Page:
Evolution of the nervous system: conserved GnRH

By: James V. Kohl | Published on: June 19, 2012

Clues to nervous system evolution found in nerve-less sponge June 18, 2012
“Is the human brain just a lot more of the same stuff, or has it changed in a qualitative way?”
My comment:
The most likely similarity is the role of glucose in the regulation of gonadotropin releasing hormone (GnRH) secreting neurons of the mammalian brain. Food deprivation suppresses GnRH-dependent pulsatile luteinizing hormone (LH) secretion in rats, sheep, monkeys and humans, which is consistent with inhibition of pulsatile GnRH release.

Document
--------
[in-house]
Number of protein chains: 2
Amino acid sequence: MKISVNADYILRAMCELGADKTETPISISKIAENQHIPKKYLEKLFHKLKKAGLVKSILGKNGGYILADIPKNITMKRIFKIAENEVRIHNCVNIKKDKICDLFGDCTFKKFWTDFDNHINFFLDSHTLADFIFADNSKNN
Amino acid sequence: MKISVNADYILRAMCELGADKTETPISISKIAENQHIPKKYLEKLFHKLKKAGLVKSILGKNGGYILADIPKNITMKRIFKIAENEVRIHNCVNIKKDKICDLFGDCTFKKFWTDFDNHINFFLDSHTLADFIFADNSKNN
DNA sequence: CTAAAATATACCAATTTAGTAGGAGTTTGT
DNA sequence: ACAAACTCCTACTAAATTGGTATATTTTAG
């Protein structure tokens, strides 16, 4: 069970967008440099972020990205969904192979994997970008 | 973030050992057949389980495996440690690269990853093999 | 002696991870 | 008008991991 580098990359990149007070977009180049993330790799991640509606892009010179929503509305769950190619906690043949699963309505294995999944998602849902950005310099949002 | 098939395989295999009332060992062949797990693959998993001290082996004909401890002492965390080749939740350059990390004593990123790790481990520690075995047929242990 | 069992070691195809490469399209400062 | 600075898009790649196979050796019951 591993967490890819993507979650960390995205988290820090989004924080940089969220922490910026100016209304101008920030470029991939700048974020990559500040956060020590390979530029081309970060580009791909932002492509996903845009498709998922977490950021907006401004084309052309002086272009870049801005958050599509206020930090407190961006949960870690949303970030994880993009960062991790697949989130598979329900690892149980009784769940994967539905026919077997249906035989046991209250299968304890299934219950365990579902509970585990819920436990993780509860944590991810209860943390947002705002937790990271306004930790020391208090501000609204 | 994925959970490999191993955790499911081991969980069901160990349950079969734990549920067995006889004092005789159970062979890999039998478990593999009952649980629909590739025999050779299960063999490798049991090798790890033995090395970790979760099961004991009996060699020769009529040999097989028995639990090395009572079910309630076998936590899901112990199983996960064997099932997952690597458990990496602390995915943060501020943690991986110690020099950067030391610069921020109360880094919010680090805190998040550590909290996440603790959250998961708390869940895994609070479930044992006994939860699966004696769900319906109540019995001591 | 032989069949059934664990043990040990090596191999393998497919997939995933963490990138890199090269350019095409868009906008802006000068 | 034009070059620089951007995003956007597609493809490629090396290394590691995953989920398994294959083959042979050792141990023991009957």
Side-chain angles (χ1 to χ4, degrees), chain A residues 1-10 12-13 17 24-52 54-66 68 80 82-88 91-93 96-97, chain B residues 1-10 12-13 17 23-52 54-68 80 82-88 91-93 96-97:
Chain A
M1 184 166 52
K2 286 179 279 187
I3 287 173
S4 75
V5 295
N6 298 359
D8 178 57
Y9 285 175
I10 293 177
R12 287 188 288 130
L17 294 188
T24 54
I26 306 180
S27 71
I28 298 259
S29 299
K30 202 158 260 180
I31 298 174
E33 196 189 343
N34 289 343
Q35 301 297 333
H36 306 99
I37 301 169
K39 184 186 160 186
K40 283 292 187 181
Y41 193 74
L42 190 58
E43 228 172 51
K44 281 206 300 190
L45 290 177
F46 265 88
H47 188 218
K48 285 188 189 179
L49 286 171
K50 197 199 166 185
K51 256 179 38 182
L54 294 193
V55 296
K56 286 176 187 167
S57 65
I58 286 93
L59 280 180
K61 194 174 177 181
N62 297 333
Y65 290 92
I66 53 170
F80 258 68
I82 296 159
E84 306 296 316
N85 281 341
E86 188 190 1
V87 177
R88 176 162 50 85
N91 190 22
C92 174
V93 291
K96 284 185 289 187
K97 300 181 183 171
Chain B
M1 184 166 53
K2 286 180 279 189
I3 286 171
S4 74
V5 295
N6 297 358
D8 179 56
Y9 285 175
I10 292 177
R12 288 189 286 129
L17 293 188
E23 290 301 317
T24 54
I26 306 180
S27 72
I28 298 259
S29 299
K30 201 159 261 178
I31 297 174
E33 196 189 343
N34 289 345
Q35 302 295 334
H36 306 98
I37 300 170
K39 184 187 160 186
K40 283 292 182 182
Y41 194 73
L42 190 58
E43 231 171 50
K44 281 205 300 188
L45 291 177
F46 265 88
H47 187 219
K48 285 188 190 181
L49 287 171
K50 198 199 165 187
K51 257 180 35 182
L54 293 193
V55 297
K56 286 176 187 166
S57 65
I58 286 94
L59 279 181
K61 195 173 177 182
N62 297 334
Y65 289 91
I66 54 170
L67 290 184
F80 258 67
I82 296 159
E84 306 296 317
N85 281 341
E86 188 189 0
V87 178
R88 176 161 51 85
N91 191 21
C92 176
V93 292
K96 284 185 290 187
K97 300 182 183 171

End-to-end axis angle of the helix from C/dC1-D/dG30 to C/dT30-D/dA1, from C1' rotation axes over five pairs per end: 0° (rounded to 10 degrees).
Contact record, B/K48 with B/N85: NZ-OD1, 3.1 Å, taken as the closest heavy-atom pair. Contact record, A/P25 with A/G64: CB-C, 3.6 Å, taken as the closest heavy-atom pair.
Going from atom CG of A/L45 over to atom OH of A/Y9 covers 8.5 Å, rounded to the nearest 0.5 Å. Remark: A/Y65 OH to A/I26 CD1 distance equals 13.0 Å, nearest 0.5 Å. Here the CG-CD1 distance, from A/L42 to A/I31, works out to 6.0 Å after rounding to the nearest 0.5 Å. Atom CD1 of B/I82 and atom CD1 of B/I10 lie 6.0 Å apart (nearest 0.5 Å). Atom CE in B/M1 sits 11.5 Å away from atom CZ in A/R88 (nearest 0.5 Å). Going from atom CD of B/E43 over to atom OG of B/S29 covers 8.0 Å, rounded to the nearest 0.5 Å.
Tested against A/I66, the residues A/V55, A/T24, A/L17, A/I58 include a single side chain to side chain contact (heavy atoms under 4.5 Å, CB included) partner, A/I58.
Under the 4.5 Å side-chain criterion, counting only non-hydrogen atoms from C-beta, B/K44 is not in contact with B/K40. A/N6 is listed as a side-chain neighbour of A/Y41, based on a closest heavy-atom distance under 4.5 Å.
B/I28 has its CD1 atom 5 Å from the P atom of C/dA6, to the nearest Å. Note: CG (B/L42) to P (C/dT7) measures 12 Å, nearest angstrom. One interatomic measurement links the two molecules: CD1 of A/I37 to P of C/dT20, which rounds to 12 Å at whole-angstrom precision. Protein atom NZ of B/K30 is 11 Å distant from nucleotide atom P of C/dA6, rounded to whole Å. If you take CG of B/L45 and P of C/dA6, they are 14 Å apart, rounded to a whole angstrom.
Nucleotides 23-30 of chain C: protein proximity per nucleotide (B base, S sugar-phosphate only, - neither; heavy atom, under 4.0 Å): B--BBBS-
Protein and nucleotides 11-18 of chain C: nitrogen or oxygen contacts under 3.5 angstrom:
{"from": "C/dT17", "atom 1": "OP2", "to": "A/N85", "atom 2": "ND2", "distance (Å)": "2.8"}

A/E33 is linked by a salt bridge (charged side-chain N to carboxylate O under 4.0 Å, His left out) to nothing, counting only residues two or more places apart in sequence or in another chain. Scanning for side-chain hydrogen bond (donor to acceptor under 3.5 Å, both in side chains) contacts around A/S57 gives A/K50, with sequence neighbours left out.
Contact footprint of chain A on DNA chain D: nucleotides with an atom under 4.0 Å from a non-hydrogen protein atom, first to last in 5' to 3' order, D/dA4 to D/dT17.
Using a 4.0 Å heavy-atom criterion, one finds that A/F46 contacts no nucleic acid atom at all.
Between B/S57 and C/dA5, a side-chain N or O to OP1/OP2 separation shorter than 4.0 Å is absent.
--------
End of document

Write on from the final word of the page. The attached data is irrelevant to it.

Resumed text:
GnRH, is the molecule Kochman (2012) indicated was perfectly constructed because it hasn’t changed during the past 400 million years, although diversification of its receptor appears to allow for things like pheromone-dependent self / non-self recognition (at the advent of sexual reproduction, which requires a primitive immune system and means for sexual orientation).
GnRH also links nutrient chemicals and pheromones directly to adaptive evolution via the required ecological, social, neurogenic, and cognitive niche construction evidenced by the apparent design in biology.

Notify of
Inline Feedbacks
View all comments

Want more on the same topic?

Swipe/Drag Left and Right To Browse Related Posts: